When Christopher Schornak raised a challenge, a poll worker told him, “We are not talking to you, you cannot challenge this.” When Stephanie Krause attempted a challenge, an election official said challenges were no longer being accepted because the “rules ‘no longer applied.’” Mary Shinkle, another challenger, said she could not observe a ballot being duplicated because “if we make a mistake, then you would be all over us.”

“Election officials would applaud, cheer, and yell whenever a Republican challenger was ejected from the counting area,” the lawsuit says.

Ballot Issues

Seven of the witnesses said they saw the same ballots being run through tabulation machines multiple times. One Republican challenger saw a stack of 27 ballots—with the ballot numbers covered with tape—being run through a tabulator on five separate occasions. Eleven of the witnesses said the duplication of ballots rejected by the automated scanner was done by teams composed of two Democrats instead of being bipartisan.

In 18 of the sworn affidavits, the witnesses claim that election officials counted ballots that included names that weren’t on the voter file. These voters were added into the system with the date of birth of Jan. 1, 1900. In 16 of the sworn affidavits, witnesses claim to have seen mismatched numbers on ballots and their envelopes.

“When challenger Abbie Helminen raised a challenge that the name on the ballot envelope did not match the name on the voter list, she was told by an election official to ‘get away’ and that the counting table she was observing had ‘a different process than other tables,’” the lawsuit states.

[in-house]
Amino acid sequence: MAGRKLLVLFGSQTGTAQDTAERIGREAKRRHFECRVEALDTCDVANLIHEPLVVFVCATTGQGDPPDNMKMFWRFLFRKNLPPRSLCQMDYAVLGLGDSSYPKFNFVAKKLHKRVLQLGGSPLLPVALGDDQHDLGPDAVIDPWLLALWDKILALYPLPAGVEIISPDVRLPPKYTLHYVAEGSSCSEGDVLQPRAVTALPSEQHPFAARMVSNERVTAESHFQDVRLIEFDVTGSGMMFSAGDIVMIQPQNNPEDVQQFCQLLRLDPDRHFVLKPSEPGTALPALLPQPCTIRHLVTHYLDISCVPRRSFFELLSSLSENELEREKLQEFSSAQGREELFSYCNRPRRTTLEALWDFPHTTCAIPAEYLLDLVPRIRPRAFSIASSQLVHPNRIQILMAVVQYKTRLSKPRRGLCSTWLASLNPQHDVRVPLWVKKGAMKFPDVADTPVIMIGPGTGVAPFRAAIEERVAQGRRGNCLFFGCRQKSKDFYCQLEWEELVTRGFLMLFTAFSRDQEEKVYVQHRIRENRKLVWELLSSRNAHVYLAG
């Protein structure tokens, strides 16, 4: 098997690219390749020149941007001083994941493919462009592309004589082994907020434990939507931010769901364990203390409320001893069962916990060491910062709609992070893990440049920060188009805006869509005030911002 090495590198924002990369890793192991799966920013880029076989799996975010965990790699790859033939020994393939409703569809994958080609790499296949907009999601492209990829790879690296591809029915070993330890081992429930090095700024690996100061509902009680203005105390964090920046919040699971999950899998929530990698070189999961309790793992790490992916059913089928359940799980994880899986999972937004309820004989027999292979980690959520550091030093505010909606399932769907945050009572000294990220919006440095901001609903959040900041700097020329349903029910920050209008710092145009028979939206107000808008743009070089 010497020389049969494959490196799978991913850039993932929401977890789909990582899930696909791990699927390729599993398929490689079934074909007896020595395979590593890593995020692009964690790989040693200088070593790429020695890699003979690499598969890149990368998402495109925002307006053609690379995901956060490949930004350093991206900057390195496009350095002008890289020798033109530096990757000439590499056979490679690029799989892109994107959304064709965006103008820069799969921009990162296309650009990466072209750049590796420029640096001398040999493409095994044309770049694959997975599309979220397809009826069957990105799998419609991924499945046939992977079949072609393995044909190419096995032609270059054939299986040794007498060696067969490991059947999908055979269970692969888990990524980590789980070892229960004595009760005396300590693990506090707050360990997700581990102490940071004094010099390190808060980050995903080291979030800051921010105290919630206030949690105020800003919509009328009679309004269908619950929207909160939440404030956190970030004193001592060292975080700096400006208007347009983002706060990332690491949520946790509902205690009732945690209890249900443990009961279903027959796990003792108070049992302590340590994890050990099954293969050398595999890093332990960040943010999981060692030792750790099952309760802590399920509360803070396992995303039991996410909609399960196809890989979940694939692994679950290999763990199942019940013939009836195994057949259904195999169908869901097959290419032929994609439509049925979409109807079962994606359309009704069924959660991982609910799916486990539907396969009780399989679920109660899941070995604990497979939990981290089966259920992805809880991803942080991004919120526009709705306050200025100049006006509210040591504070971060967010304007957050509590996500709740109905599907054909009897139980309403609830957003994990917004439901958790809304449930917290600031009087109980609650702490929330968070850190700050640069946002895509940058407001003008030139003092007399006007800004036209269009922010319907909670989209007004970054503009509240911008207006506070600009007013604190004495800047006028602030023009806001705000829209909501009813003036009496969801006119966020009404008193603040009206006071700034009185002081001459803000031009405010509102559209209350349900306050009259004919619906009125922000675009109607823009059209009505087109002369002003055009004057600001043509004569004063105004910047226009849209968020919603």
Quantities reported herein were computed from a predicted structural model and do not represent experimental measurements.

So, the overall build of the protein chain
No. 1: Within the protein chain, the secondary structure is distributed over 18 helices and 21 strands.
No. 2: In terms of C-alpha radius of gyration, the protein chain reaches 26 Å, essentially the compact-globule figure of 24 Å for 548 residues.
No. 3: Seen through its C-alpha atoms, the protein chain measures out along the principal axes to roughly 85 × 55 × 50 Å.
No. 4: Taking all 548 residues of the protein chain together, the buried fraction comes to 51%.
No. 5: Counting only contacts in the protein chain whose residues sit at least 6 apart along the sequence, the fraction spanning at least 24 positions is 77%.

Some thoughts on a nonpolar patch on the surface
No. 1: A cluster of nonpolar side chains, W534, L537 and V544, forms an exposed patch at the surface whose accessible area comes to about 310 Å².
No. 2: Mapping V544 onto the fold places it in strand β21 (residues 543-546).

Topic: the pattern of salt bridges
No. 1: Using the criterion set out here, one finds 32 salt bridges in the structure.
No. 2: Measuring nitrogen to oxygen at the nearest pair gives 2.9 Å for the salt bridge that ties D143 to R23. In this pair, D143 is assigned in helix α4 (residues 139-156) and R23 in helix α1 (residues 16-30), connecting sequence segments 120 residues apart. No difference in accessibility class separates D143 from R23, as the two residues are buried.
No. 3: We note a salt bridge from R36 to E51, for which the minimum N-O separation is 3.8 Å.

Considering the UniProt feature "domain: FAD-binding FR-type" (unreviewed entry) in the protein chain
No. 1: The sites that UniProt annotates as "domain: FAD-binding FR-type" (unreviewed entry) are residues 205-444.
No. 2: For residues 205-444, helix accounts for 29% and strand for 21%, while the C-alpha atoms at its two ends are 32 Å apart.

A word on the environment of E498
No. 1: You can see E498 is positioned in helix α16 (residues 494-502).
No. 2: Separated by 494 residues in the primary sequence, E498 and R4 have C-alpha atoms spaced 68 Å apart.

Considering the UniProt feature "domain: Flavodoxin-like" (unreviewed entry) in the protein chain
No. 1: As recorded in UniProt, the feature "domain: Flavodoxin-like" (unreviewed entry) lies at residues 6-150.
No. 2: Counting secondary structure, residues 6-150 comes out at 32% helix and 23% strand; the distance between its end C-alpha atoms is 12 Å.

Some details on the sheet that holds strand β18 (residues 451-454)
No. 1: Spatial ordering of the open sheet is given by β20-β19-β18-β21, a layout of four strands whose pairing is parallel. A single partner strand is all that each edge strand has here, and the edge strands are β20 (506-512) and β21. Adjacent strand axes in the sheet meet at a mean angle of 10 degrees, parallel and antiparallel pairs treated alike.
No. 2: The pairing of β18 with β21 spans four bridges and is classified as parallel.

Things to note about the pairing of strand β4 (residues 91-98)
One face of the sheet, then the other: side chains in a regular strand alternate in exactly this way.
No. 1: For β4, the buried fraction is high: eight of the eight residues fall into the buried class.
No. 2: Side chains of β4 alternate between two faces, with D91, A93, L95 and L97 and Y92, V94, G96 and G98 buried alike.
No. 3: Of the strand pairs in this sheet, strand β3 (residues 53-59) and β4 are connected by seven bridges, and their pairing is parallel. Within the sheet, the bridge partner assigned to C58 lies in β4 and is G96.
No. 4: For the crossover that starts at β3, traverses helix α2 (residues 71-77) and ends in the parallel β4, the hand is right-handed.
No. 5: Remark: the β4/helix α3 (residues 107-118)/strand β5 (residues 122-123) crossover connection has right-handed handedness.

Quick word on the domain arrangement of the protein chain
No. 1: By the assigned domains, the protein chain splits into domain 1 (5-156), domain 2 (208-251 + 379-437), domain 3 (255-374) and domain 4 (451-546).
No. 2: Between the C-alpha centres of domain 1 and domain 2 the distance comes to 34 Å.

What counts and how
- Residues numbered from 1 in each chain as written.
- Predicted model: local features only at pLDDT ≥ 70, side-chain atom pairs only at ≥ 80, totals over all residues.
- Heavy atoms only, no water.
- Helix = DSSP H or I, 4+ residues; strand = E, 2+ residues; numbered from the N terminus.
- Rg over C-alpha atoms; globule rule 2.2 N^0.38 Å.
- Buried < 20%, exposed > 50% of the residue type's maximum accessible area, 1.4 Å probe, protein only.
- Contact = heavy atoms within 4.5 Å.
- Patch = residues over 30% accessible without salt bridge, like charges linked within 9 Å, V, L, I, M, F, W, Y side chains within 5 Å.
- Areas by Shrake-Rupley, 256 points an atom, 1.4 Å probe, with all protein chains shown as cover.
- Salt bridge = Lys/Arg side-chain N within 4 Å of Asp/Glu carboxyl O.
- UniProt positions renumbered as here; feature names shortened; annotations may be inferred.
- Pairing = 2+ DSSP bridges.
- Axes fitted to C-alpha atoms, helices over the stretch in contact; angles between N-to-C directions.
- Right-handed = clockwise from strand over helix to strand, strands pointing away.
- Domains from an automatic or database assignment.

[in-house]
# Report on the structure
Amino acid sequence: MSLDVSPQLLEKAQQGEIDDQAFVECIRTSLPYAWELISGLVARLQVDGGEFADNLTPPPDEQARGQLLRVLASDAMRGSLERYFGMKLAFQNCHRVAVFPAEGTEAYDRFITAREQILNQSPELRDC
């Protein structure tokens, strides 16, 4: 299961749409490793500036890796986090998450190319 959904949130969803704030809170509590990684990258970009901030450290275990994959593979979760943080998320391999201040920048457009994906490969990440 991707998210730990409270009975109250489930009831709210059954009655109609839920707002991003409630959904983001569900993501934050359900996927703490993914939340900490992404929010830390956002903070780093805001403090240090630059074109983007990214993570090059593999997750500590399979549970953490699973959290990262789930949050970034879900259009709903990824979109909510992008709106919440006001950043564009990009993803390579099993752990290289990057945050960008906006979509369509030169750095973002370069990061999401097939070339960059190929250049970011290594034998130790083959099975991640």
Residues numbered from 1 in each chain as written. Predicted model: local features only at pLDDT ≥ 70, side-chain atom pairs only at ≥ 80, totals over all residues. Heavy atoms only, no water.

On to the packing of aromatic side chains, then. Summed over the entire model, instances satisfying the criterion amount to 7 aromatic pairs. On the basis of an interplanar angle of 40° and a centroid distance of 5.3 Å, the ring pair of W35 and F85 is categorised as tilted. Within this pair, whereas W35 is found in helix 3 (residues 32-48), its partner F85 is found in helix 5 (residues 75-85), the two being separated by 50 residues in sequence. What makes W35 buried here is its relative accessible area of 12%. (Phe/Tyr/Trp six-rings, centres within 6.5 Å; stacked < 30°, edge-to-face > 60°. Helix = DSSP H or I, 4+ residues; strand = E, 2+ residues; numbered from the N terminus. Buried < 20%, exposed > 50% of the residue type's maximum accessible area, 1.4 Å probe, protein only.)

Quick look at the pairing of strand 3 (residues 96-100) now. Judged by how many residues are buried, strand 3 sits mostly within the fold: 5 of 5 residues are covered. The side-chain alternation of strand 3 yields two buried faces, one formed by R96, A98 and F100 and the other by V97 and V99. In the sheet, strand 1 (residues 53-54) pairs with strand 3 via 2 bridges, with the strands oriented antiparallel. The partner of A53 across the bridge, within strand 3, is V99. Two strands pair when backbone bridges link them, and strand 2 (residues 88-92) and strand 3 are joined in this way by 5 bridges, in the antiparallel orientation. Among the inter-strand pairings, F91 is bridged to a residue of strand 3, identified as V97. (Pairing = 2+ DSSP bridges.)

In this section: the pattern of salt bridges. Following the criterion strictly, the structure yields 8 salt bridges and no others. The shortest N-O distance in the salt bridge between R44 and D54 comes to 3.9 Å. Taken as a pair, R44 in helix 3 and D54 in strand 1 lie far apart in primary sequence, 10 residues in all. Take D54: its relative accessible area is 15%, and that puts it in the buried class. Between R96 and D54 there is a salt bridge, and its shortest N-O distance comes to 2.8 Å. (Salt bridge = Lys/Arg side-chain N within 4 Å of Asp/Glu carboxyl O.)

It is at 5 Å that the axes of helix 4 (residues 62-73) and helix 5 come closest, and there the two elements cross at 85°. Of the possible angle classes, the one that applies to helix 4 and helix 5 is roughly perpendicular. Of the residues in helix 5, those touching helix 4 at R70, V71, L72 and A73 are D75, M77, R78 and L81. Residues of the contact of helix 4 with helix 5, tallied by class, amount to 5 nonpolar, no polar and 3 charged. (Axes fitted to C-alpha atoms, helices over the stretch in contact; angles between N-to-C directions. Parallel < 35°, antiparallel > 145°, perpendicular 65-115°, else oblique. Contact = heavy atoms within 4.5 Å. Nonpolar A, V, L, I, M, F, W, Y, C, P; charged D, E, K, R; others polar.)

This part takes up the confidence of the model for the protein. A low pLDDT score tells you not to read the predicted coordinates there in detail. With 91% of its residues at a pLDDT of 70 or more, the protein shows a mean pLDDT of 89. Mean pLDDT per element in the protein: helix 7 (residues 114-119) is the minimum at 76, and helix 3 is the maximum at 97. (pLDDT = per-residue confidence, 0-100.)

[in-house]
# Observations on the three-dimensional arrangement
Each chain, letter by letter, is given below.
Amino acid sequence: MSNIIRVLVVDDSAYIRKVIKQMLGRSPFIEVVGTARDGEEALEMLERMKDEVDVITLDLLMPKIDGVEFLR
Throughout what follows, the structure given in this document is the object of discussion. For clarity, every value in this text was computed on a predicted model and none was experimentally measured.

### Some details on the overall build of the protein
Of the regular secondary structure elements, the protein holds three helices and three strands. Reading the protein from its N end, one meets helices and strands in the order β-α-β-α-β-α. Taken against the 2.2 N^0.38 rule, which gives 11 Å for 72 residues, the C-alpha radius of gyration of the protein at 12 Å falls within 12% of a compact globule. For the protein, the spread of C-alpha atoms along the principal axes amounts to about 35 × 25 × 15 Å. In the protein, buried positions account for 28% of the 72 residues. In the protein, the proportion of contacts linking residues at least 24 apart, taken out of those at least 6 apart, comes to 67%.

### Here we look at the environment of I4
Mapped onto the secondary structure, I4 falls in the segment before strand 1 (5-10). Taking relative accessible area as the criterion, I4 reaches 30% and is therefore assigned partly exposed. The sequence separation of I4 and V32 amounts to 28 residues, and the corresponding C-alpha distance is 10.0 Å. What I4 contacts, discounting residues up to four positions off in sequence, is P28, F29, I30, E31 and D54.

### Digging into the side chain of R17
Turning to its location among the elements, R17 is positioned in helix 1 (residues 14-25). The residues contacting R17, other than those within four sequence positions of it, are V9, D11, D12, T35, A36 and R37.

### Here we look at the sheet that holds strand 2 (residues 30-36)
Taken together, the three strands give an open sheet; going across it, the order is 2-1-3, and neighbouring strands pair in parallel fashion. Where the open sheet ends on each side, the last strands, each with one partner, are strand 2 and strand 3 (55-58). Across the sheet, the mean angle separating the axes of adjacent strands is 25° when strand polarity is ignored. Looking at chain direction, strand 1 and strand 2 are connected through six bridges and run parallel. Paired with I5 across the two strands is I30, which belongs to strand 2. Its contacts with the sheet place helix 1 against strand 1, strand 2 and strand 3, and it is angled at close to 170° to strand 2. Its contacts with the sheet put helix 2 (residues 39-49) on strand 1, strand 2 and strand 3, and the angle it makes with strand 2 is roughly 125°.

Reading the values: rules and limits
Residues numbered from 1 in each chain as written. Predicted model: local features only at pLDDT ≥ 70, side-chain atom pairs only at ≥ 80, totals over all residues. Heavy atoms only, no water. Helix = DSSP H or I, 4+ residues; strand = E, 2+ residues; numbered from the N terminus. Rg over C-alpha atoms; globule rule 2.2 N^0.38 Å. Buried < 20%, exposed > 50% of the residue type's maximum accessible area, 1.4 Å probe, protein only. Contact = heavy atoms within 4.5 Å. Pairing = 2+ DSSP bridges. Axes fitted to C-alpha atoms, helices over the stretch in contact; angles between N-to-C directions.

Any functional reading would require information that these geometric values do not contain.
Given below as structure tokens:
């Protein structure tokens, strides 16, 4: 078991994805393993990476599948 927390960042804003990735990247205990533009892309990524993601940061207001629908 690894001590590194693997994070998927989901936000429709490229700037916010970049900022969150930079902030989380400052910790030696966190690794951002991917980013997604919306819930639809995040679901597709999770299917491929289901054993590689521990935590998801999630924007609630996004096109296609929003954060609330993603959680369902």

A poll worker told one of the challengers that he or she “was being told to change the date on ballots to reflect that the ballots were received on an earlier date.”

Dominion Voting Software

The Trump campaign is looking to have all of the ballots that were tabulated using the Dominion Voting software be recounted by hand to ensure accuracy.

In an allegation disputed by both the software vendor and Michigan Secretary of State Jocelyn Benson, Republican National Committee Chairwoman Ronna McDaniel and other GOP officials said that a glitch in the Dominion software switched 6,000 GOP votes to Democrats. The software was used in 47 Michigan counties.

“Secretary of State Benson released a statement blaming the county clerk for not updating certain ‘media drives,’ but her statement failed to provide any coherent explanation of how the Dominion Voting Systems software and vote tabulators produced such a massive miscount,” the lawsuit states.

Benson said that the error was remedied once it was discovered.

“What Secretary Benson fails to address is what would have happened if no one ‘discover[ed] the error,’ for instance, in Wayne County, where the number of registered voters is much greater than Antrim County, and where the tabulators were not individually tested,” the lawsuit states. The state of Texas rejected Dominion’s voting software after an extensive review.

In the most recent rejection (pdf) in 2019, Texas Deputy Secretary of State Jose Esparza concluded that reports from the examination of the software “raise concerns” about whether the Dominion “system is suitable for its intended purpose, operates efficiently and accurately, and is safe from fraudulent or unauthorized manipulation.”
Ivan is the national editor of The Epoch Times. He has reported for The Epoch Times on a variety of topics since 2011.